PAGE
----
Spain is a European Political Anomaly

While most of Europe today is governed by right-wing governments, Spain is one of the only European countries led by left-wing leaders. Despite the growing tide of conservatism sweeping across Europe, including the presence of a strong far-right faction in Spain, a resilient left-wing coalition has successfully maintained its governance since 2018. On November 16, 2023, Prime Minister Pedro Sánchez beat all odds and secured a new term by forming a new – and extended – coalition. Various political and social factors explain Spain’s (quasi) political uniqueness in Europe.

Spain is one of the two European countries led by a left-wing government

Many European countries have followed the worldwide shift to the right in the last decade, such as Italy, France, Finland, and Greece. Conservative parties took power and are prioritizing neoliberal economic policies coupled with stricter immigration and crime policies. On the contrary, European left-wing parties that are pushing for more redistributionist policies, social protection, and progressive stances on cultural issues have struggled.

However, Spain followed the opposite trend. Pedro Sánchez – the leader of the center-left Spanish Socialist Workers’ Party (PSOE) – became Prime Minister in 2018 after almost 7 years of the conservative People’s Party rule. Sánchez is the head of a PSOE-led left-wing coalition of various progressive parties. Spanish politics has been defined by a two-party system for decades, but several new political parties have gained national attention. These parties have redefined Spanish politics. For instance, the left-wing party Podemos, now a part of large leftist coalition Sumar, along with the far-right Vox and center-right Citizens, have emerged as significant forces in Spanish politics. Nonetheless, Sánchez has managed to strategically take advantage of this changed political landscape and came to power in 2018.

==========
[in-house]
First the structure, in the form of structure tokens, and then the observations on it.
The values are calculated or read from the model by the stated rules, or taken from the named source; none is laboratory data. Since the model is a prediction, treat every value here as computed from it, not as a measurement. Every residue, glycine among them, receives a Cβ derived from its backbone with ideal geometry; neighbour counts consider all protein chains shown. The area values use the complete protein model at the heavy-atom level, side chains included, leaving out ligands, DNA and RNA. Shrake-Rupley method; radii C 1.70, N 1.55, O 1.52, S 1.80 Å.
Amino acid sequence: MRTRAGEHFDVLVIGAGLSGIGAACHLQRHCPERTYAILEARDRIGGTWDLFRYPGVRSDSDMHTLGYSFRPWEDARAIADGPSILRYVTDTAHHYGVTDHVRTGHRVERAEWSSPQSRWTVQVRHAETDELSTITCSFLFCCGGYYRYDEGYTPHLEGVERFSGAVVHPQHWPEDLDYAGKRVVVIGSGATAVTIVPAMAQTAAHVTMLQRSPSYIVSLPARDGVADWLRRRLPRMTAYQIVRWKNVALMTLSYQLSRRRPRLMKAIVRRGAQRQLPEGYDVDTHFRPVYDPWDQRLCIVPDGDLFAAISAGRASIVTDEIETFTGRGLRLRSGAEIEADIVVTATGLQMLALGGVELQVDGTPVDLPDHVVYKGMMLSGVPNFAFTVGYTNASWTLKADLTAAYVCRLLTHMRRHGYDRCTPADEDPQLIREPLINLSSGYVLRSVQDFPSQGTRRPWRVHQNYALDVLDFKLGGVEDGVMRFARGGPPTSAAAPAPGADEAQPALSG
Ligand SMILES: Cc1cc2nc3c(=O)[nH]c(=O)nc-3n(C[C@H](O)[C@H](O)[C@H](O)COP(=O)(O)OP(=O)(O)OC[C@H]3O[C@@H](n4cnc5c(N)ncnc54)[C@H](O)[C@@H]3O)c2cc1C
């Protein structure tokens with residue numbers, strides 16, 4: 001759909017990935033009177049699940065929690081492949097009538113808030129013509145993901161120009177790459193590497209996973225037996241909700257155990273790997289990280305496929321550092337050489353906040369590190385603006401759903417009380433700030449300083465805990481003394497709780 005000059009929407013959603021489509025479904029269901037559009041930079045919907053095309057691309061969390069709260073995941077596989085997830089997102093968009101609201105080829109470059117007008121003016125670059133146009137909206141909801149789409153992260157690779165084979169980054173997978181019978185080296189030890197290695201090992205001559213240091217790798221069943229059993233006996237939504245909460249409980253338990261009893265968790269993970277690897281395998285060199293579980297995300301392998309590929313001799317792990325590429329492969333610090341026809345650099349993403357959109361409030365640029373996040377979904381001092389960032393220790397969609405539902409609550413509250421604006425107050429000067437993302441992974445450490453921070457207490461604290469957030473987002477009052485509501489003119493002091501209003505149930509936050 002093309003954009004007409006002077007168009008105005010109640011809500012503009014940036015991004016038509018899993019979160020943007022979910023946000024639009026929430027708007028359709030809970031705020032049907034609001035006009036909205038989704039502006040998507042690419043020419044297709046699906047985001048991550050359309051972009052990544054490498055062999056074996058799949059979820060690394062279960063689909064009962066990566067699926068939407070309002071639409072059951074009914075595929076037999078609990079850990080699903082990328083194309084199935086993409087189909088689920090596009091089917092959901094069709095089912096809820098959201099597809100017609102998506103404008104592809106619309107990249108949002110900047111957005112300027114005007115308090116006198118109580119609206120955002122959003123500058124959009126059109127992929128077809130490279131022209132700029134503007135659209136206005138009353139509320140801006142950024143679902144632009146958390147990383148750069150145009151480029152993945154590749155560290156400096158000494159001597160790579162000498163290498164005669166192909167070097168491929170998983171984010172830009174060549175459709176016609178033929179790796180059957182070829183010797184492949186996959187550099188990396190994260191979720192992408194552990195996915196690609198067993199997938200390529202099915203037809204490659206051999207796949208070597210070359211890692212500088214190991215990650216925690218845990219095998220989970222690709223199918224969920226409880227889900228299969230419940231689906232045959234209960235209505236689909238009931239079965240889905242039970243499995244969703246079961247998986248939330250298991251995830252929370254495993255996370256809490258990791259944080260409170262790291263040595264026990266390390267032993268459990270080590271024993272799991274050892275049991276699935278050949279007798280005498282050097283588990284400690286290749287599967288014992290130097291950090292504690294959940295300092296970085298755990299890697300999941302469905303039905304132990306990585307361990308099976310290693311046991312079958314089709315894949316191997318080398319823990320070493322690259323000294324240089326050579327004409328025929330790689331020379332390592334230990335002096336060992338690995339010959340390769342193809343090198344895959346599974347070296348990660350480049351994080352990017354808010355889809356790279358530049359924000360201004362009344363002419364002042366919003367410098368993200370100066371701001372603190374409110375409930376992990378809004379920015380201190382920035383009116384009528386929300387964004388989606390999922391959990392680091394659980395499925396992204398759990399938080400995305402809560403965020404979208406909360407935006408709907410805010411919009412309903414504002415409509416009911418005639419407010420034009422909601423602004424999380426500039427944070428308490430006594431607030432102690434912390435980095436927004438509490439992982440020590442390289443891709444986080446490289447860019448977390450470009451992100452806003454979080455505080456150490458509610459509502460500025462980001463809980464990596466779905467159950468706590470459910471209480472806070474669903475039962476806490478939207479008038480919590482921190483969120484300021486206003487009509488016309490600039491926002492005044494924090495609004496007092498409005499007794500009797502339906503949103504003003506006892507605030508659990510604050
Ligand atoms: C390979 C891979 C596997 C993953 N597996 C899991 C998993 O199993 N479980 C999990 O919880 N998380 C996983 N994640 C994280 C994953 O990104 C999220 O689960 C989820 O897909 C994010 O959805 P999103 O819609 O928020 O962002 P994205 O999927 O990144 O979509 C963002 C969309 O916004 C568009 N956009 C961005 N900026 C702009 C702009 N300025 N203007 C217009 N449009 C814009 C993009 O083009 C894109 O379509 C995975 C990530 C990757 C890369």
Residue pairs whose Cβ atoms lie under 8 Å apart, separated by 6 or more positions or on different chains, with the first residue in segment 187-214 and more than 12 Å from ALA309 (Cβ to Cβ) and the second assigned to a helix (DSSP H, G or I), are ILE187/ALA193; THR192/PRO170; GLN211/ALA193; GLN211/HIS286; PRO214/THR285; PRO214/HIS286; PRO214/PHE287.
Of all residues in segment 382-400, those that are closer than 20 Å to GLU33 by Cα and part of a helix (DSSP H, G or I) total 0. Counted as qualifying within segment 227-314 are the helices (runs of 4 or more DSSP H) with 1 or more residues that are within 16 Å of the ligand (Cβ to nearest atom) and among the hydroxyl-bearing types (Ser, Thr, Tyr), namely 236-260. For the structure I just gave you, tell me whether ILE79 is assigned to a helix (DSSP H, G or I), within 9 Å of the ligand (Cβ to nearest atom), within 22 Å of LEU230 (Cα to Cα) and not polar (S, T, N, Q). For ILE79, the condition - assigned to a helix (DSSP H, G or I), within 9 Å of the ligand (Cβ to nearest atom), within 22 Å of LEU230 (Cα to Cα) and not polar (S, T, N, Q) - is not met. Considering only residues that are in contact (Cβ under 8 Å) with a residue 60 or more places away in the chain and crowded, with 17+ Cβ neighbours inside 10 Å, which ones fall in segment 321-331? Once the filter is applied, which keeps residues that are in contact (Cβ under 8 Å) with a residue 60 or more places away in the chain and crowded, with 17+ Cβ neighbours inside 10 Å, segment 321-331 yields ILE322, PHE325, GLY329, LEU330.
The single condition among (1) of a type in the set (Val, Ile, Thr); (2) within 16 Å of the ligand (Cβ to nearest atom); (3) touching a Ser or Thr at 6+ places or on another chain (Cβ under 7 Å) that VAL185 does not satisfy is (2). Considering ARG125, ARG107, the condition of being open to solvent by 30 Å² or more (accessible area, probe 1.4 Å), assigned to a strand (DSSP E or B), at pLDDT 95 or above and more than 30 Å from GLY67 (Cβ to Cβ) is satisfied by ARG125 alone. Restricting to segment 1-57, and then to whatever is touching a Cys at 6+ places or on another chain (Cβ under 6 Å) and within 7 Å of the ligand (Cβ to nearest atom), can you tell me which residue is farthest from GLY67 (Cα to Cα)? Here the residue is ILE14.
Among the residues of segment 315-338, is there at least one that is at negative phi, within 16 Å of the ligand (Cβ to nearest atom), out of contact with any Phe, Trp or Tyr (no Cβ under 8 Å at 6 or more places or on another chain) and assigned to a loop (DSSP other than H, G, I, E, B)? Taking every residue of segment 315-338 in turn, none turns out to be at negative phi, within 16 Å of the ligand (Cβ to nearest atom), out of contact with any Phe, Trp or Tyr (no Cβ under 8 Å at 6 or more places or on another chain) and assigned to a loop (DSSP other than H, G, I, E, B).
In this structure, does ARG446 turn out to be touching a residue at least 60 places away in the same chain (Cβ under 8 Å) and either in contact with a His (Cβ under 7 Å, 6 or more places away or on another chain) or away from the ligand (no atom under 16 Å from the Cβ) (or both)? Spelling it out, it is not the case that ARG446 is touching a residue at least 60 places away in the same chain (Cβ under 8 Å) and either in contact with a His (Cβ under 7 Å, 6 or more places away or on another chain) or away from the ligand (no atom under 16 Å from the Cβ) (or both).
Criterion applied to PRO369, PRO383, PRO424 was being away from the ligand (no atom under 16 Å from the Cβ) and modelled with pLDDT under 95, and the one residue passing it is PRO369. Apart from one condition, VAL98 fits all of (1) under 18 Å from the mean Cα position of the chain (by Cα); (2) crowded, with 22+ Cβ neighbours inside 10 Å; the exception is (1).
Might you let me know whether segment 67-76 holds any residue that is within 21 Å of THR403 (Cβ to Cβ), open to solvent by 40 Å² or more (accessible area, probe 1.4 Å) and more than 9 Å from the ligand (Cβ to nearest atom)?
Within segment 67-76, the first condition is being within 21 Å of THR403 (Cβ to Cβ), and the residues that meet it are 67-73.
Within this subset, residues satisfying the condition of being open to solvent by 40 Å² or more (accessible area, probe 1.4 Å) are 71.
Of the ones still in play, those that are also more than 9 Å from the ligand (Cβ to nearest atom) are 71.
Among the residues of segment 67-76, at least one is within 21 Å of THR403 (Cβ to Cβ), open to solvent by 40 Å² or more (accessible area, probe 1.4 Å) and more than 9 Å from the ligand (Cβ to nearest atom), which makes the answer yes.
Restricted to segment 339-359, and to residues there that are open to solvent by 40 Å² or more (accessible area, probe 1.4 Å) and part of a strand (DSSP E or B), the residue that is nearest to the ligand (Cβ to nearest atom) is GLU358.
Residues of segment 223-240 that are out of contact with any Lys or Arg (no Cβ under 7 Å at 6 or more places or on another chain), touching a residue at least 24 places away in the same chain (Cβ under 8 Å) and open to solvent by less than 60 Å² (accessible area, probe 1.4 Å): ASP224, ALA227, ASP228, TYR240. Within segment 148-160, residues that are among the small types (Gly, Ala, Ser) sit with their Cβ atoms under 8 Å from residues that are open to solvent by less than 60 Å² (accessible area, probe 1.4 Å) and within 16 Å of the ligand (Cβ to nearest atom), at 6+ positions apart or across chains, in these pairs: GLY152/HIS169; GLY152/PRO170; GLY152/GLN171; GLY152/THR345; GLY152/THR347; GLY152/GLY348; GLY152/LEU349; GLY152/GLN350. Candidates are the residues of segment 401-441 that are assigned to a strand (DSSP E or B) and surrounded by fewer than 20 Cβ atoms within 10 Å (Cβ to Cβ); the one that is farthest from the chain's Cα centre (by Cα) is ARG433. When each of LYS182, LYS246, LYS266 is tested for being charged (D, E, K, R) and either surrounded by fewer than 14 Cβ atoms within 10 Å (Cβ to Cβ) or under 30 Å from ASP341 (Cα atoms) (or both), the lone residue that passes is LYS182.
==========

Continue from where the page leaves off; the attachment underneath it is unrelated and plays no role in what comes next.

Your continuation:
The success of the Spanish left

It could be surprising to see the Spanish left thriving after the country’s 40-year-long right-wing dictatorship under Franco. Franco’s regime ended in 1975 but left lasting consequences on Spanish politics. However, there is still a strong right-wing movement led by former Franco supporters and the Catholic Church. The existence of such an entrenched right-wing movement motivated the left to organize and advance its policies in the post-Franco era. 

The People’s Party’s response to the Great Recession spurred the left-wing movement. Spain was the second hardest-hit European country by the financial crisis. Prime Minister Mariano Rajoy failed to address the long-term effects of the crisis. His austerity measures fostered poverty and unemployment reached almost 25%.  

“The dramatic impact of Mariano Rajoy’s austerity measures on social inequalities spurred social revolt across Spain and motivated the left-wing movement to organize. “Huelga 29M en Madrid” by Jesús Pérez Pacheco is licensed under CC BY-NC-ND 2.0.”


The rise of social inequalities led to the emergence of the leftist party Podemos – which found substantial support – and the PSOE’s program shifted to the left. Despite political rivalries, the Spanish left achieved a coalition in 2018. The coalition is politically diverse, and there are many complexities and disagreements within it. For instance, there have been several political turbulences as a result of internal divisions between the PSOE and Podemos, the PSOE and some local parties – on which the coalition rests – and local parties and Podemos.